According to the SEC’s order, RSM US repeatedly represented that it was “independent” in audit reports issued on the clients’ financial statements, which were included or incorporated by reference in public filings with the Commission or provided to investors.  Instead, the SEC found that RSM US or its associated entities, including other member firms of the RSM International network, provided non-audit services to, and had an employment relationship with, affiliates of RSM US audit clients, which violated the SEC’s auditor independence rules.  The prohibited non-audit services included corporate secretarial services, payment facilitation, payroll outsourcing, loaned staff, financial information system design or implementation, bookkeeping, internal audit outsourcing, and investment adviser services.  The prohibited employment relationship concerned a partner at an RSMI member firm in Australia serving on a voluntary basis as a non-discretionary member of the board of an affiliate of a RSM US issuer audit client.  As detailed in the SEC’s order, certain of RSM US’s independence controls were also inadequate, resulting in the firm’s failure to identify and avoid these prohibited non-audit services and the prohibited employment relationship.  These violations occurred between 2014 and 2015, with certain violations remaining undetected until at least 2016.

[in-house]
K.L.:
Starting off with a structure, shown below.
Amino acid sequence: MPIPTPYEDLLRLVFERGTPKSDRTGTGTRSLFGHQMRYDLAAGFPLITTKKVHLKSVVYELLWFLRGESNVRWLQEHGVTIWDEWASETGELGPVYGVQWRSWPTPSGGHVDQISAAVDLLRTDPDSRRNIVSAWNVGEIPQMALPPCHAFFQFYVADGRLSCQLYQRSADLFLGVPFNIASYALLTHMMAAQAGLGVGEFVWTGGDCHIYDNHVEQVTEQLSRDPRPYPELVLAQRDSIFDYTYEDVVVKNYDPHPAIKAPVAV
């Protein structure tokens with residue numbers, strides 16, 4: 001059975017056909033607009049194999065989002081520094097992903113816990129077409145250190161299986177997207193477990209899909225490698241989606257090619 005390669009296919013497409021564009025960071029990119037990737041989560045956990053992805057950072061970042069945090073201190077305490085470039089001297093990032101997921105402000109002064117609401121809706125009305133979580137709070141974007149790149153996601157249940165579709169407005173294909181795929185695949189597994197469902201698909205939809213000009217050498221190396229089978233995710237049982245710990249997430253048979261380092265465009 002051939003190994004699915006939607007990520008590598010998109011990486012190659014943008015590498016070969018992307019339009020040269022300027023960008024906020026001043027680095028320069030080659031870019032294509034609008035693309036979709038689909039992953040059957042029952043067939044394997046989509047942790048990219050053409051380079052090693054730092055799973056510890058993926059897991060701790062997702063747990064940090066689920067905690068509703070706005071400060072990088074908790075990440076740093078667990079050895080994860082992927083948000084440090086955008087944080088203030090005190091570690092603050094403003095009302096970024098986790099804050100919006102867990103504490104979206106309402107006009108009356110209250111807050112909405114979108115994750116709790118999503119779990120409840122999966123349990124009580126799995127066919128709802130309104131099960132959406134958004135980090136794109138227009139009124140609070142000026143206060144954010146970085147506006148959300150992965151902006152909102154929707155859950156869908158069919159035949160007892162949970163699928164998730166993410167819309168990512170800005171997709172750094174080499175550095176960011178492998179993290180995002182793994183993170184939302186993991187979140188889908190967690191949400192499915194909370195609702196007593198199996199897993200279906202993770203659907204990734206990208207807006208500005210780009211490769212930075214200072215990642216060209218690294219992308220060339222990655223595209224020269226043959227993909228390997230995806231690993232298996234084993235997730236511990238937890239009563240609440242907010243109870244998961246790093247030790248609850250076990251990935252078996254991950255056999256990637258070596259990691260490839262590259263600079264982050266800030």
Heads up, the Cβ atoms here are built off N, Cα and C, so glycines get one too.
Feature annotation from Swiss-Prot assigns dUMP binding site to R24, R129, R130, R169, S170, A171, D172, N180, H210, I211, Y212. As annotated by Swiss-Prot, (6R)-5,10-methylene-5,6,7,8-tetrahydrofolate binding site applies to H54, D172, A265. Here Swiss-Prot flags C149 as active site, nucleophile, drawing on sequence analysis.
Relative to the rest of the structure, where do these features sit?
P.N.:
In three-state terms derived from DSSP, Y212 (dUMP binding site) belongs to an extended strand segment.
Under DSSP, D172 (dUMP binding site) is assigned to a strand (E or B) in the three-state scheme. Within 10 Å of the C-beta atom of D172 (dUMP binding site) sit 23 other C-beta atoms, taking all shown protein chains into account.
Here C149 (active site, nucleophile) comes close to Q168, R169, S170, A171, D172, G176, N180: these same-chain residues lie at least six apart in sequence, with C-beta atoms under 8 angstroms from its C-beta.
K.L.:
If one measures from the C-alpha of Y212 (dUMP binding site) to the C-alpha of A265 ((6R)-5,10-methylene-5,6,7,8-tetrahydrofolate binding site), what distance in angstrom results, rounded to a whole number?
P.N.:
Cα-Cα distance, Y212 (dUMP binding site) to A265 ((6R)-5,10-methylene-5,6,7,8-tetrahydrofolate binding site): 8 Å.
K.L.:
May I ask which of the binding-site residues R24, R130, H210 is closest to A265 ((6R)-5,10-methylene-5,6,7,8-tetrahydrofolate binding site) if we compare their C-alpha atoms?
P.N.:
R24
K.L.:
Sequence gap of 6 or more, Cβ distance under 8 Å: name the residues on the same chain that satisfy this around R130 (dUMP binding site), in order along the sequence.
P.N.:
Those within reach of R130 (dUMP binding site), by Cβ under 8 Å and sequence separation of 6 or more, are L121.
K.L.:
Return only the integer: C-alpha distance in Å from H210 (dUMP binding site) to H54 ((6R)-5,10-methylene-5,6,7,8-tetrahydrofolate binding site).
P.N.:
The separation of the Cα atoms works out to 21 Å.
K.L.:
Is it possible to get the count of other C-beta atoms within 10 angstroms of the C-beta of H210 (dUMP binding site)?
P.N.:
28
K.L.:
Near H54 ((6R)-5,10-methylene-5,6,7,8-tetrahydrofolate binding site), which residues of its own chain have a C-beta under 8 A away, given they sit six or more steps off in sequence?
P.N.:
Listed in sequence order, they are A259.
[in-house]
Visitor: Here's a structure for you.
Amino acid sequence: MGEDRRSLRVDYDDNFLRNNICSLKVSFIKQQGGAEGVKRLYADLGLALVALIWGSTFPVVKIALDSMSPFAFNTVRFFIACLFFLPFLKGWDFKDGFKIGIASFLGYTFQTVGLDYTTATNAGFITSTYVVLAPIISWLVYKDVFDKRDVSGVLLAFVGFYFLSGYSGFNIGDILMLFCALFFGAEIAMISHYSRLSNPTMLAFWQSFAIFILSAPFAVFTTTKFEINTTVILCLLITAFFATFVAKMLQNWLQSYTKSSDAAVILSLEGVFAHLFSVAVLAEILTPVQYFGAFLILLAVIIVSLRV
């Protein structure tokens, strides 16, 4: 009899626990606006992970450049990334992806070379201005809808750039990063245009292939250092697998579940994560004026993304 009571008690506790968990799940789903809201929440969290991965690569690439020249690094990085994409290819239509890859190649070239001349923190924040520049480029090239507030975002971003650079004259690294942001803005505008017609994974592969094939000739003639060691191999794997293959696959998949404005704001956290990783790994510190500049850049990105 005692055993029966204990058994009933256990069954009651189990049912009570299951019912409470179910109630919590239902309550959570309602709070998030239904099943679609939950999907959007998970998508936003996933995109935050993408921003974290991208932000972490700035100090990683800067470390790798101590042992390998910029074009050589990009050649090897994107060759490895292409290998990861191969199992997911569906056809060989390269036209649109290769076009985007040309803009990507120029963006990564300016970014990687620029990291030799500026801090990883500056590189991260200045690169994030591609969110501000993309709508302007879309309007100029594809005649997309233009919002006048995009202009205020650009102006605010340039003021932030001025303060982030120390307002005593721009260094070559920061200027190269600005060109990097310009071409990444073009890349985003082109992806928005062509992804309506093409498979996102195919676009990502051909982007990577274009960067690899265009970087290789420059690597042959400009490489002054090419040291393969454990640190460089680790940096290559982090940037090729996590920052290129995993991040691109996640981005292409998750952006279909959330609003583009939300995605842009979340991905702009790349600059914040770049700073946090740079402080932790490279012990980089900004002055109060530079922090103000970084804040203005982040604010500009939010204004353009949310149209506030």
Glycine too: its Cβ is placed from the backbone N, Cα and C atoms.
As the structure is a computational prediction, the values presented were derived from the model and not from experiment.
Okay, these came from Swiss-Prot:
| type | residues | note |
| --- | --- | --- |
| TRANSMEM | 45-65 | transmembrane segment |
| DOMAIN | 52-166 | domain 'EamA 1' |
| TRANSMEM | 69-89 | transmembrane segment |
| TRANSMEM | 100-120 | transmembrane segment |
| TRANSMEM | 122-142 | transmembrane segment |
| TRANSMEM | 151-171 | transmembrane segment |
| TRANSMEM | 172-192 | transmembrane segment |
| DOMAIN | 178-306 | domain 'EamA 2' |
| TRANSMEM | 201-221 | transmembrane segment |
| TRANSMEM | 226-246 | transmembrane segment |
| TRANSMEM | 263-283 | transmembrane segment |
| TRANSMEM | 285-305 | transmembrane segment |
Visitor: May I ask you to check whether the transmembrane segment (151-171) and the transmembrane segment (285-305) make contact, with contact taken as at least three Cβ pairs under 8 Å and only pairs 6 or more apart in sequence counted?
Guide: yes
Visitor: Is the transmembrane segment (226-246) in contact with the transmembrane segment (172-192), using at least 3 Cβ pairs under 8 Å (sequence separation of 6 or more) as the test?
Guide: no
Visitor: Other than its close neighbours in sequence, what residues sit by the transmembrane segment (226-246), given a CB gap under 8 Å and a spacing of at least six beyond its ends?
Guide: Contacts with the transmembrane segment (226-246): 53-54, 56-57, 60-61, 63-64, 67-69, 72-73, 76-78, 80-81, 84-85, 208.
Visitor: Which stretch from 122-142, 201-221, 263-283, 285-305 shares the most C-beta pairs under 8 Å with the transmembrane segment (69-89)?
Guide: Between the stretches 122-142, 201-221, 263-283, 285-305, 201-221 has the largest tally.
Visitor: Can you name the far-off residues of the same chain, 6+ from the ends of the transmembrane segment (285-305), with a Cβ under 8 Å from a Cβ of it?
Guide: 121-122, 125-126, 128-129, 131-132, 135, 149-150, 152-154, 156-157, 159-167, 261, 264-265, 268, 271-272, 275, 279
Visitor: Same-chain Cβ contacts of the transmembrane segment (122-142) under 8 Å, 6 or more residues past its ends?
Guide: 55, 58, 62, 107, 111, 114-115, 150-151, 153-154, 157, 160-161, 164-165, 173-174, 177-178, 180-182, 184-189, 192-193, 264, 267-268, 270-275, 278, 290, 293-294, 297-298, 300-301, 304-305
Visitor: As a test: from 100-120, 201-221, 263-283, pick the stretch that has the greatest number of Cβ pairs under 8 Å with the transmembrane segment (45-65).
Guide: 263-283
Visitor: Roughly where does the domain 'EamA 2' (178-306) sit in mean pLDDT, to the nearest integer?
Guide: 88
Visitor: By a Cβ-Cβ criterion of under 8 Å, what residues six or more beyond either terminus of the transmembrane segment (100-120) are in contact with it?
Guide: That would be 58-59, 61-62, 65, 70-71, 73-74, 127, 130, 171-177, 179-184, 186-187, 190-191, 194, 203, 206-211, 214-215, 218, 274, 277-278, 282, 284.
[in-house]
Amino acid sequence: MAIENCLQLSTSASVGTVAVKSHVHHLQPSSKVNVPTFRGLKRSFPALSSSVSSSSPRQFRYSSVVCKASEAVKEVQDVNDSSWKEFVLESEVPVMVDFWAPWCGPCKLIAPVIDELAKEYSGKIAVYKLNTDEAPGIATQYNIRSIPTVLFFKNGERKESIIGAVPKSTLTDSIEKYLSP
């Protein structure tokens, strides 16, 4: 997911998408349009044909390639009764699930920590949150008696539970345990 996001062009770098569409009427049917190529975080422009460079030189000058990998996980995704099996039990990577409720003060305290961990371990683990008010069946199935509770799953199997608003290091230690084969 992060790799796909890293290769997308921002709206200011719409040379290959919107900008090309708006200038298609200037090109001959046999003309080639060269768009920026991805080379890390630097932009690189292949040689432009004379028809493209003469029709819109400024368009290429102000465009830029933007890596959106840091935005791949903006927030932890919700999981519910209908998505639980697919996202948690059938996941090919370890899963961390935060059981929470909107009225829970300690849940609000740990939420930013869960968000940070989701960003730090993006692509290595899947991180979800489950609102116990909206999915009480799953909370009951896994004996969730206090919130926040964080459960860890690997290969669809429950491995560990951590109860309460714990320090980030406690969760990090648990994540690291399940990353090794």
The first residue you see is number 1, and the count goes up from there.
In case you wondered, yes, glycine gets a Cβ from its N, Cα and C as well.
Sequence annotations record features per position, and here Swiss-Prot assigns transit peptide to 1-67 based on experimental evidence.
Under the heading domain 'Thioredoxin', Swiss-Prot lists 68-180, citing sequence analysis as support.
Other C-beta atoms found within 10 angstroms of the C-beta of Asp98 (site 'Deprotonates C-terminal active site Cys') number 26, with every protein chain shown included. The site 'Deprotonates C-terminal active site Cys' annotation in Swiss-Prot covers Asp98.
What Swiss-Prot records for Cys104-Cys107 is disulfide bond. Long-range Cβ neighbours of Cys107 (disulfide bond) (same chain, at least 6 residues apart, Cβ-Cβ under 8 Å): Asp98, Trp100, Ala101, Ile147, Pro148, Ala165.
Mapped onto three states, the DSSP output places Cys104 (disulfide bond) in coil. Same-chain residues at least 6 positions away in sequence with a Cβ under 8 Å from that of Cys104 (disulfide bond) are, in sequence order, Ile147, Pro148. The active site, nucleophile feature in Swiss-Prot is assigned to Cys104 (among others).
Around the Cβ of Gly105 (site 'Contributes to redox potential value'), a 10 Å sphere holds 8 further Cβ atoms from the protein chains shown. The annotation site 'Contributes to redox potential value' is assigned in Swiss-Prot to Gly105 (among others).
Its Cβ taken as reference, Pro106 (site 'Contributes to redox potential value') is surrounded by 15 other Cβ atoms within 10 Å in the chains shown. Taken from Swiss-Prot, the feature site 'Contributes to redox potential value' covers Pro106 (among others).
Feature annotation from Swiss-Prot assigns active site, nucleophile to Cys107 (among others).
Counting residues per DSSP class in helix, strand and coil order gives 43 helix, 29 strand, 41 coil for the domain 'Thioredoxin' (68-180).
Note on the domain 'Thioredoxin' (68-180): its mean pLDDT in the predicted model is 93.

“The SEC’s auditor independence rules specifically prohibit audit firms from providing certain non-audit services,” said Carolyn M. Welshhans, Associate Director of the SEC’s Division of Enforcement.  “Audit firms must put in place procedures, training, and systems that provide a reasonable assurance of independence, and they must monitor for independence on an ongoing basis.”

The SEC’s order finds that RSM US violated the auditor independence provisions of the federal securities laws and caused the audit clients to violate their obligations to have their financial statements audited by independent public accountants.  The order also finds that RSM US engaged in improper professional conduct within the meaning of Rule 102(e) of the SEC’s Rules of Practice by virtue of its violations of the auditor independence requirements.